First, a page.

BOTTOM LINE: Fahadh Makes It a Decent Watch!
Rating: 2.75 /5
Skin N Swear: Few Cuss words
|Platform: Amazon||Genre: Crime, Drama|
What Is the Story About?
Joji (Fahadh Faasil) is a lazy guy who doesn’t want to work and live off the money of a powerful and affluent father and family property. When an unexpected incident happens to his father, Joji senses an opportunity to make it big without much effort. It is further increased when a close family member congrats him for becoming a millionaire.
What happens when that ‘millionaire’ dream shatters with the recovery of Joji’s father? What steps are taken by Joji, and where it leads is what the movie is all about?
The entire film is filled with solid actor well cast for the respective parts. However, one can instantly sense and see Fahadh Faasil standing out among the crowd. For starters, there is more focus on minute details of his character and acting. And then, there are the usual moments designed for it that makes one appreciate his act.
However, the role doesn’t offer him an entirely new thing to do as a performer. It is a simple, everyday look that makes him stand out. He is Mahesh but in a different setup. He slips into the part via the ‘look’ and then does his usual effortlessly. The act and role get intriguing as it progresses. Gradual growth in sinister attitude is well presented and acted.
Dileesh Pothan, who previously made Maheshinte Prathikaaram and Thondi Muthalum Driksakshiyum with Fahadh Faasil, directs the movie. The hat-trick combination has created tremendous hype on the film.
Joji is a Malayalam language adaptation of Shakespeare’s novel, Macbeth. It is a literary classic that has had many cinematic adaptations. Joji is a Malayalam language re-work of Macbeth.
The setting is that of a wealthy Christian family in Kerala. The focus is on the youngest son of Kuttappan, who does nothing but sleep, eat, smoke and roam around always. He does nothing productive to win his dad’s appreciation.
We immediately are taken into the world neatly through the excellent camerawork and simple yet effective establishment of the characters through the writing.
The narrative moves slowly, and there is a lot of drag, but it is used to establish the film’s mood and the critical character. The necessary action he takes could have been better explored. It seems so quick despite such a slow pace.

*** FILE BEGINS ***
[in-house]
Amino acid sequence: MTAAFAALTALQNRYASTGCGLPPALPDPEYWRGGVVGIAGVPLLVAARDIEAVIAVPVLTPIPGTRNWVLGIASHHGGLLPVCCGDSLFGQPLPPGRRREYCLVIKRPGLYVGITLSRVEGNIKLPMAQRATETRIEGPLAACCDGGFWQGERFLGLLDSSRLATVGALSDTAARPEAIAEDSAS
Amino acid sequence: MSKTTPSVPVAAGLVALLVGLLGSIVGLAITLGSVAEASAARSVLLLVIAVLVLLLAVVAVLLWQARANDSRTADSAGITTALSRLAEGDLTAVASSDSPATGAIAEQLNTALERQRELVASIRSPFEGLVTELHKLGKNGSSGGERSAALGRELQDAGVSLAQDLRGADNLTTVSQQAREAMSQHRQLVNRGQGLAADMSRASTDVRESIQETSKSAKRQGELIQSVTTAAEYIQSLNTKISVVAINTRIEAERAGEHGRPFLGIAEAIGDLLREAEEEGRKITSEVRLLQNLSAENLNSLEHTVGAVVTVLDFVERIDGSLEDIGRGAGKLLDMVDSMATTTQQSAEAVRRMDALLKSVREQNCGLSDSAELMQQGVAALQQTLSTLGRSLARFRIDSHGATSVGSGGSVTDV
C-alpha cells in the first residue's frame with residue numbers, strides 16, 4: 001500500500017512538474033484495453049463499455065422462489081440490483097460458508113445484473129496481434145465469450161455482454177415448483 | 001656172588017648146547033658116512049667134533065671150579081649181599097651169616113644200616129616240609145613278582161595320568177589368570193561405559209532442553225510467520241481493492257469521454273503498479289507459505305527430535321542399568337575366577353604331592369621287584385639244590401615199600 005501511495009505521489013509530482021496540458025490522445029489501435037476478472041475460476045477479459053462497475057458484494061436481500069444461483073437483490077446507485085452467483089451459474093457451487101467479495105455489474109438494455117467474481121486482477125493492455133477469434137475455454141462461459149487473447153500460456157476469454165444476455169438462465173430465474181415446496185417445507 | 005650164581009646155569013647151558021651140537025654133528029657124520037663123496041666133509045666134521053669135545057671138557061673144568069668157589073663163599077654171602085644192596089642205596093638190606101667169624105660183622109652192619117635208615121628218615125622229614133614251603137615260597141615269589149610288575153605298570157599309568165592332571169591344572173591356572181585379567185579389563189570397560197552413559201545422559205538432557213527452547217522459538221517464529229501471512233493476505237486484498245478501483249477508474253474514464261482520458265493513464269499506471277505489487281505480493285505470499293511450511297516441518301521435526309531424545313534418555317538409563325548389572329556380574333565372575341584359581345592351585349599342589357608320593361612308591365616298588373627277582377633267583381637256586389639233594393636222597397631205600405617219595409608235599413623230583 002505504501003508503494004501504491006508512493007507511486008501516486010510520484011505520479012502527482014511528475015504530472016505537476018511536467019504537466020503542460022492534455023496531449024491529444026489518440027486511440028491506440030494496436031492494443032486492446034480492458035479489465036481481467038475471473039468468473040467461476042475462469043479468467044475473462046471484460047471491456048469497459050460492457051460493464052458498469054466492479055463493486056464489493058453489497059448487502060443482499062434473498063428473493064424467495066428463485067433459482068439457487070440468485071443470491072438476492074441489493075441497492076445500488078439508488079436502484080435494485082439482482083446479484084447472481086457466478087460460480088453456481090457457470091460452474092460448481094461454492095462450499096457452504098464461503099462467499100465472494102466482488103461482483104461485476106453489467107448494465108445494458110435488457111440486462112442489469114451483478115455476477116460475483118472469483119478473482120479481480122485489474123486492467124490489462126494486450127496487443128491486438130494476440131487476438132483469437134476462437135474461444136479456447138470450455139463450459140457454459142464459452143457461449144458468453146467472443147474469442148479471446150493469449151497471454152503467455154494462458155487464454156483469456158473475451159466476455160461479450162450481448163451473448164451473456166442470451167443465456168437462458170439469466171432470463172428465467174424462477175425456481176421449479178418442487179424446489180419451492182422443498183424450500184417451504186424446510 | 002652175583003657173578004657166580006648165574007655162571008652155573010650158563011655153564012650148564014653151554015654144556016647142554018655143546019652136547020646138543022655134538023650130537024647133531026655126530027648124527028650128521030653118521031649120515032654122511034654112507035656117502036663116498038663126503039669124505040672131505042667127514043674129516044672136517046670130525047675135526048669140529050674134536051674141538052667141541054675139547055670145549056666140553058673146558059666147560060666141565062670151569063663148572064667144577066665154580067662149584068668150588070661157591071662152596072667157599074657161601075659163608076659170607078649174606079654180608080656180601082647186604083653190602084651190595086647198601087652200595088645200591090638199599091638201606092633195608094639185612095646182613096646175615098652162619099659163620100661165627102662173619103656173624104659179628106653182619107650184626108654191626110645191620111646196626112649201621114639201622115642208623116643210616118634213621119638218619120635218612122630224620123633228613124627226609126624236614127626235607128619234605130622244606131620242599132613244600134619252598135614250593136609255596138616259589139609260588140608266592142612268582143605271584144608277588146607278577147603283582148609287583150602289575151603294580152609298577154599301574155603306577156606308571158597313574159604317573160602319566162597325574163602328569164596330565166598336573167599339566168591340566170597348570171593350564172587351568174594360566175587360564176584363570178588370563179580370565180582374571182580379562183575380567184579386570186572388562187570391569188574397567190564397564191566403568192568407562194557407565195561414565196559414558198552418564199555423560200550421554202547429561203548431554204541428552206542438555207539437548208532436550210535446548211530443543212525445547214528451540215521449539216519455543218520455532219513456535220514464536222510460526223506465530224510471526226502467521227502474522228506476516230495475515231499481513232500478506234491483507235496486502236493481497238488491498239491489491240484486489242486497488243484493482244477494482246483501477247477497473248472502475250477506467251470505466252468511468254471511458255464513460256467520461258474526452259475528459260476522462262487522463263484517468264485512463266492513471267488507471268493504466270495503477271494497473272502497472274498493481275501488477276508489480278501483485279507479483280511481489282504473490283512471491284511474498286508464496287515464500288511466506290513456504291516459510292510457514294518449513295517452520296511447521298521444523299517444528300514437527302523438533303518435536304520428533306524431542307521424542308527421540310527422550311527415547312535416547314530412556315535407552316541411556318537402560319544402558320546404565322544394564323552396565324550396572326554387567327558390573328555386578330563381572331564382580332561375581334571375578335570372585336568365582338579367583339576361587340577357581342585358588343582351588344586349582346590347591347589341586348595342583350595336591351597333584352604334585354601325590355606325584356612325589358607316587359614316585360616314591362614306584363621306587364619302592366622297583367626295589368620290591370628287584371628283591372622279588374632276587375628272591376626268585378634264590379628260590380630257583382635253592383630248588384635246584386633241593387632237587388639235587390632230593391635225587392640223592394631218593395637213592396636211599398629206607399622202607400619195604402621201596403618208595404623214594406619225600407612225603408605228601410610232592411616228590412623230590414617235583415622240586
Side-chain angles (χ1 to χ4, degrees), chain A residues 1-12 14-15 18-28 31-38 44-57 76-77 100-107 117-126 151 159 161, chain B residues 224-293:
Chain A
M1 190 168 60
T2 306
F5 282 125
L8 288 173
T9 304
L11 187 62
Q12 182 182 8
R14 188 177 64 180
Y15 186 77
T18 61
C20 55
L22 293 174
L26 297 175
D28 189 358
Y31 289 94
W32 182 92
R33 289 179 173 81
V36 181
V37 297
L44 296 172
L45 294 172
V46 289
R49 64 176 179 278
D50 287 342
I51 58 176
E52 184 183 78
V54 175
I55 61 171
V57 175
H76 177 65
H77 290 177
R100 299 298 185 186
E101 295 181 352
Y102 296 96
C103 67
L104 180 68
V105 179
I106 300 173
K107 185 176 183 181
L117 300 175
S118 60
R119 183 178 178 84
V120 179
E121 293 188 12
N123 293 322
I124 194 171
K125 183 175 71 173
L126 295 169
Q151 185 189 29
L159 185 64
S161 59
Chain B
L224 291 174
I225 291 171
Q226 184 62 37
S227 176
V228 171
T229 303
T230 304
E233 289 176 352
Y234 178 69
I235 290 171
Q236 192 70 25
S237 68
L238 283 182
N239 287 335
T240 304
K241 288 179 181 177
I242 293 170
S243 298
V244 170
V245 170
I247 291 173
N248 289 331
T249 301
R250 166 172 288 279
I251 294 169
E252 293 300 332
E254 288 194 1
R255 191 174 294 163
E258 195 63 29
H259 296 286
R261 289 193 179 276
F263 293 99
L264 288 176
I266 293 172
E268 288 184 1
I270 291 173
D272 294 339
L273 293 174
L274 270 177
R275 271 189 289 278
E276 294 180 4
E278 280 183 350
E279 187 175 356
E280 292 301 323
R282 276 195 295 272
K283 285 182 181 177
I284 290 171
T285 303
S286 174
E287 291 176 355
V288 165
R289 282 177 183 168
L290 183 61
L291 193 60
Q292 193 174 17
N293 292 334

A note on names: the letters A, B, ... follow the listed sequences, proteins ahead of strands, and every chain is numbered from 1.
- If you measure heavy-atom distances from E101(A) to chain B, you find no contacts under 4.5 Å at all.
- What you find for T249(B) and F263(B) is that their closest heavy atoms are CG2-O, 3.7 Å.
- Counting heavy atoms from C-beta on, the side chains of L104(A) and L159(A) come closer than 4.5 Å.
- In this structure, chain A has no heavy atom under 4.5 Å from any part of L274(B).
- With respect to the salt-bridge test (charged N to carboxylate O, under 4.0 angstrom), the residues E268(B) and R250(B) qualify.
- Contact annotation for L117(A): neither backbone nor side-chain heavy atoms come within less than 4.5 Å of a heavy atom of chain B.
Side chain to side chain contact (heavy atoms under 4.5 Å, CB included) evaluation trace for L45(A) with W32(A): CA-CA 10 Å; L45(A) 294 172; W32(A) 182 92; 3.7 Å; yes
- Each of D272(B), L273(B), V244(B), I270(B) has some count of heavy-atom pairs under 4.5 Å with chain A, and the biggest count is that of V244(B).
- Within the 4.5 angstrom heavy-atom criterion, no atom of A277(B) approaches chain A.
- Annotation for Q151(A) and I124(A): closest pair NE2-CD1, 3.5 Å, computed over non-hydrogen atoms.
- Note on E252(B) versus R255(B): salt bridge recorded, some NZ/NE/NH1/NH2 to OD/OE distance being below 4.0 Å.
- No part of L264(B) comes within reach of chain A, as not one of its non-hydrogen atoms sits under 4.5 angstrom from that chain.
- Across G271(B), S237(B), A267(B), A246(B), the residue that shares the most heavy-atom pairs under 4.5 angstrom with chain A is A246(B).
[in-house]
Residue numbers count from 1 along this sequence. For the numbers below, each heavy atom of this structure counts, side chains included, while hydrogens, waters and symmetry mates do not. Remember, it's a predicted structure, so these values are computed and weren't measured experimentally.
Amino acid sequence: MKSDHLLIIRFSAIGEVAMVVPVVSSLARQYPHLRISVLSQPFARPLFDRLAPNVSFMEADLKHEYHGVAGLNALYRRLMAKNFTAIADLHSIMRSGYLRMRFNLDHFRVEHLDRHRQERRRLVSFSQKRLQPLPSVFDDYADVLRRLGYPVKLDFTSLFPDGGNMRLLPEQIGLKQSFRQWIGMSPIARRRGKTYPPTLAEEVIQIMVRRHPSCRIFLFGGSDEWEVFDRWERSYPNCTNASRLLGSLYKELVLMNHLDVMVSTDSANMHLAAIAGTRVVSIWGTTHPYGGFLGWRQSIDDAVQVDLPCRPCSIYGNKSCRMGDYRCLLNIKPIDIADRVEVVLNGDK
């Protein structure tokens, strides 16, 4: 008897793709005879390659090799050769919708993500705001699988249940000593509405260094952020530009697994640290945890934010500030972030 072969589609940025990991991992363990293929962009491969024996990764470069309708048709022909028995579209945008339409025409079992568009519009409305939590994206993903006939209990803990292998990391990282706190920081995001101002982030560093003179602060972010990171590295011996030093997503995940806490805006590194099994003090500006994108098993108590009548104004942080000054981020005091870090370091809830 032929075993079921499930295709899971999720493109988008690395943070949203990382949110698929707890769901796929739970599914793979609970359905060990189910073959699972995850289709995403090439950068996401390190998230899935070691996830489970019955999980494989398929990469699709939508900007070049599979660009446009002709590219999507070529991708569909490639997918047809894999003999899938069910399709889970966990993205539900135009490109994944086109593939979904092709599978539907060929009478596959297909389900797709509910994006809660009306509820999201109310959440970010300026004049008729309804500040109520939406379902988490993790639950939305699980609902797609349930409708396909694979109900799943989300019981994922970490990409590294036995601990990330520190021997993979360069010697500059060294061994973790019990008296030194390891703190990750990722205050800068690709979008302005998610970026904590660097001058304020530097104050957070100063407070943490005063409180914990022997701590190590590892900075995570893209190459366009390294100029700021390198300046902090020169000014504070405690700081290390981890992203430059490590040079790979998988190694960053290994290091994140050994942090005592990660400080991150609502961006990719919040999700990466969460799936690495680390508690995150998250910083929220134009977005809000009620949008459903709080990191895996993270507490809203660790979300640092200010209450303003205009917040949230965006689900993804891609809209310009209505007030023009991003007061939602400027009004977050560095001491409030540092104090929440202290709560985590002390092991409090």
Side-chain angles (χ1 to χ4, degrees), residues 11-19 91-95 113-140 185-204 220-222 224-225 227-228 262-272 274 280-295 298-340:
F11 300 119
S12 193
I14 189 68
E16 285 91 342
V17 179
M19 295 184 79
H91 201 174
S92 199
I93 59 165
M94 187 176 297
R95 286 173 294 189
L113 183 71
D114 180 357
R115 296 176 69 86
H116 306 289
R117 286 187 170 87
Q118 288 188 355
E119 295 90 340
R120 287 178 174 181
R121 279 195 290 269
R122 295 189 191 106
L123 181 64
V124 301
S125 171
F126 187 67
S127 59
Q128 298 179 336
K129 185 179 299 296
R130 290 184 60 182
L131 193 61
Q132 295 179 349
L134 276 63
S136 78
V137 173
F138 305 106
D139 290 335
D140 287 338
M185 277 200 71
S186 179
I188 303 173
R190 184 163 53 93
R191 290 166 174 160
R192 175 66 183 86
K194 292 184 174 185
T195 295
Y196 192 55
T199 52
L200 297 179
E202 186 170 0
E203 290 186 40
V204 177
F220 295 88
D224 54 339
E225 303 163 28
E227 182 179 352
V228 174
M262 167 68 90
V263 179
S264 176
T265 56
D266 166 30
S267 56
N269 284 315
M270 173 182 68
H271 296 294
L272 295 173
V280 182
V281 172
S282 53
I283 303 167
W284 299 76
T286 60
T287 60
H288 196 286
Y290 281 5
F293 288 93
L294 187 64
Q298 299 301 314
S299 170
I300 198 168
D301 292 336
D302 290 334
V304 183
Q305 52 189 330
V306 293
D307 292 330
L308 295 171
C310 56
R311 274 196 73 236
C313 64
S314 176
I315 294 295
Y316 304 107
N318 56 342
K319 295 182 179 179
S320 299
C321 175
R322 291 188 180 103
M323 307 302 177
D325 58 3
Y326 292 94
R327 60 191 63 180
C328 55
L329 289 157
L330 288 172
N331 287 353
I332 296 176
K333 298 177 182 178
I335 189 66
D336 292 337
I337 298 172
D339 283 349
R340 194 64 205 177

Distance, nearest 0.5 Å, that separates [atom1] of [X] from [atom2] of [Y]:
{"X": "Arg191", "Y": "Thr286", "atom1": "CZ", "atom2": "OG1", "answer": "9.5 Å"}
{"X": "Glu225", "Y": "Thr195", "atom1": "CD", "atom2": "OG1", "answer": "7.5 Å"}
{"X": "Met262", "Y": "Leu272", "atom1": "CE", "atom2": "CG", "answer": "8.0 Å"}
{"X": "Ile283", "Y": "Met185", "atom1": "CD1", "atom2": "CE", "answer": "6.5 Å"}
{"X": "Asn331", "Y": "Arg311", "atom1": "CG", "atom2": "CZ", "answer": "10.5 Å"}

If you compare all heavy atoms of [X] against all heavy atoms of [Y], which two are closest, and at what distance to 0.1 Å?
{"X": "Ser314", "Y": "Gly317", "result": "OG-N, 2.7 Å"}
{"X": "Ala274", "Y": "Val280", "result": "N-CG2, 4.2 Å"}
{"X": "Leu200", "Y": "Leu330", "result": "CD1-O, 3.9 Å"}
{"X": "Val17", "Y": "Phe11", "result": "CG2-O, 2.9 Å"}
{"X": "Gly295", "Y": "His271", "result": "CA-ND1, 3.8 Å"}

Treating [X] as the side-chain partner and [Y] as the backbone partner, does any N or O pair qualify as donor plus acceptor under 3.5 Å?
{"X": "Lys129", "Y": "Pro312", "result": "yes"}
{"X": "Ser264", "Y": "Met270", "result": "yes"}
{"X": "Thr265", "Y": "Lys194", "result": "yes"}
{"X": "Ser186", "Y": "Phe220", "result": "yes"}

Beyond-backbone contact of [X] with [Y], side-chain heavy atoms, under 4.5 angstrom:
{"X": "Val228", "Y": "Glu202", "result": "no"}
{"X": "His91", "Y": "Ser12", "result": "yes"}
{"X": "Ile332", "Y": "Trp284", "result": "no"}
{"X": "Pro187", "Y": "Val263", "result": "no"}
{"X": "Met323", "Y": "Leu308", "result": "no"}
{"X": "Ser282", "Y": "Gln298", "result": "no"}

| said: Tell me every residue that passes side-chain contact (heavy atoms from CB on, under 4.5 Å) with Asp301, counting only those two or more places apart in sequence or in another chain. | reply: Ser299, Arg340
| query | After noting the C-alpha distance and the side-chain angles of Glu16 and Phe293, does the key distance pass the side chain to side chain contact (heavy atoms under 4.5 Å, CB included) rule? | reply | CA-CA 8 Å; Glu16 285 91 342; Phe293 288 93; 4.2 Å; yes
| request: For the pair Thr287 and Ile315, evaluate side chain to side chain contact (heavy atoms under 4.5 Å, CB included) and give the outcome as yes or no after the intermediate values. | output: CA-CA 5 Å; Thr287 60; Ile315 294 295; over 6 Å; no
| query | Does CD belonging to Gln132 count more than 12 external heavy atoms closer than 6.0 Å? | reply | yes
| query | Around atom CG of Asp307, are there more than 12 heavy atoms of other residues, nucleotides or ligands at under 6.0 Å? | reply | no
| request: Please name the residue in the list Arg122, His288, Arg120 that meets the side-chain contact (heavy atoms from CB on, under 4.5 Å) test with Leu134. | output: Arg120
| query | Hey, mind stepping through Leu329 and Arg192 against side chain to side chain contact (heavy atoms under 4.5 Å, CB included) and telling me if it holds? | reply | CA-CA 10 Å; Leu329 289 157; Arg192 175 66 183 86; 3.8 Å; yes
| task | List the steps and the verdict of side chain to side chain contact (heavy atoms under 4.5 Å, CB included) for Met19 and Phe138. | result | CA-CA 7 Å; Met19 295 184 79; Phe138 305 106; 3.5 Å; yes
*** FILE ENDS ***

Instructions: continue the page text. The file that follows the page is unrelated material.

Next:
Once the expected happens, again, the track involving the church father isn’t that intriguing or exciting. It goes well with the setting, but it could have been utilised well.
So many predictable things take the proceedings forward, more so if one is aware of the Macbeth adaptation. However, what keeps us hooked throughput is the lead actor, Fahadh Faasil. His practical yet straightforward antics and characterisation, given by the director, hold the attention.
All the key moments that grab attention are intertwined with Fahad’s performance. The director has used him well.
After a sluggish one hour or so, Joji picks up in the second hour, where a lot is happening. The interest after a point is to see what happens at the end. It is here that the different plots merge neatly to give a smooth flow to the narrative. The unexpected twists (simple ones) add to the overall strength.
The problem here is the overreliance on one actor, which leaves others with half-baked roles. The sister-in-law part and her track, for example. It is crucial to the narrative but isn’t fleshed out well.
Overall, Joji is a decent film held together by the act of Fahadh Faasil. If you like some drama without overthinking, Joji could be the right movie for you. For others, it is a disappointment considering the vast potential.
As mentioned previously, apart from the hero, the rest of the actors haven’t got significant parts. But, the good thing is that each once balances runtime with their looks and acts. They fit perfectly the various roles they play.
Unnimaya Prasad, for example, has a massive role based on Macbeth (English), but she doesn’t have much scope here. Instead, Baburaj playing Jomon gets an exciting part. He does well.
Pn Sunny, Joji Mundakayam also have decent roles. The former as the tough father is excellent in the time has got.
Music and Other Departments?
Justin Varghese provides the background score. It is sensational, in parts, but mostly remains muted. The cinematography by Shyju Khalid is another major asset for the film. Kiran Das’s editing is slick and smooth, even though there is a lot of drag. The writing by Syam Puskaram is lovely.
Final Half An Hour
Needlessly Slow Paced Initially
Predictability In Parts
Lacks powerful Drama
Did I Enjoy It?
Yes, in parts
Will You Recommend It?
Yes, But With ReservationsJoji Malayalam Movie Review by Binged Bureau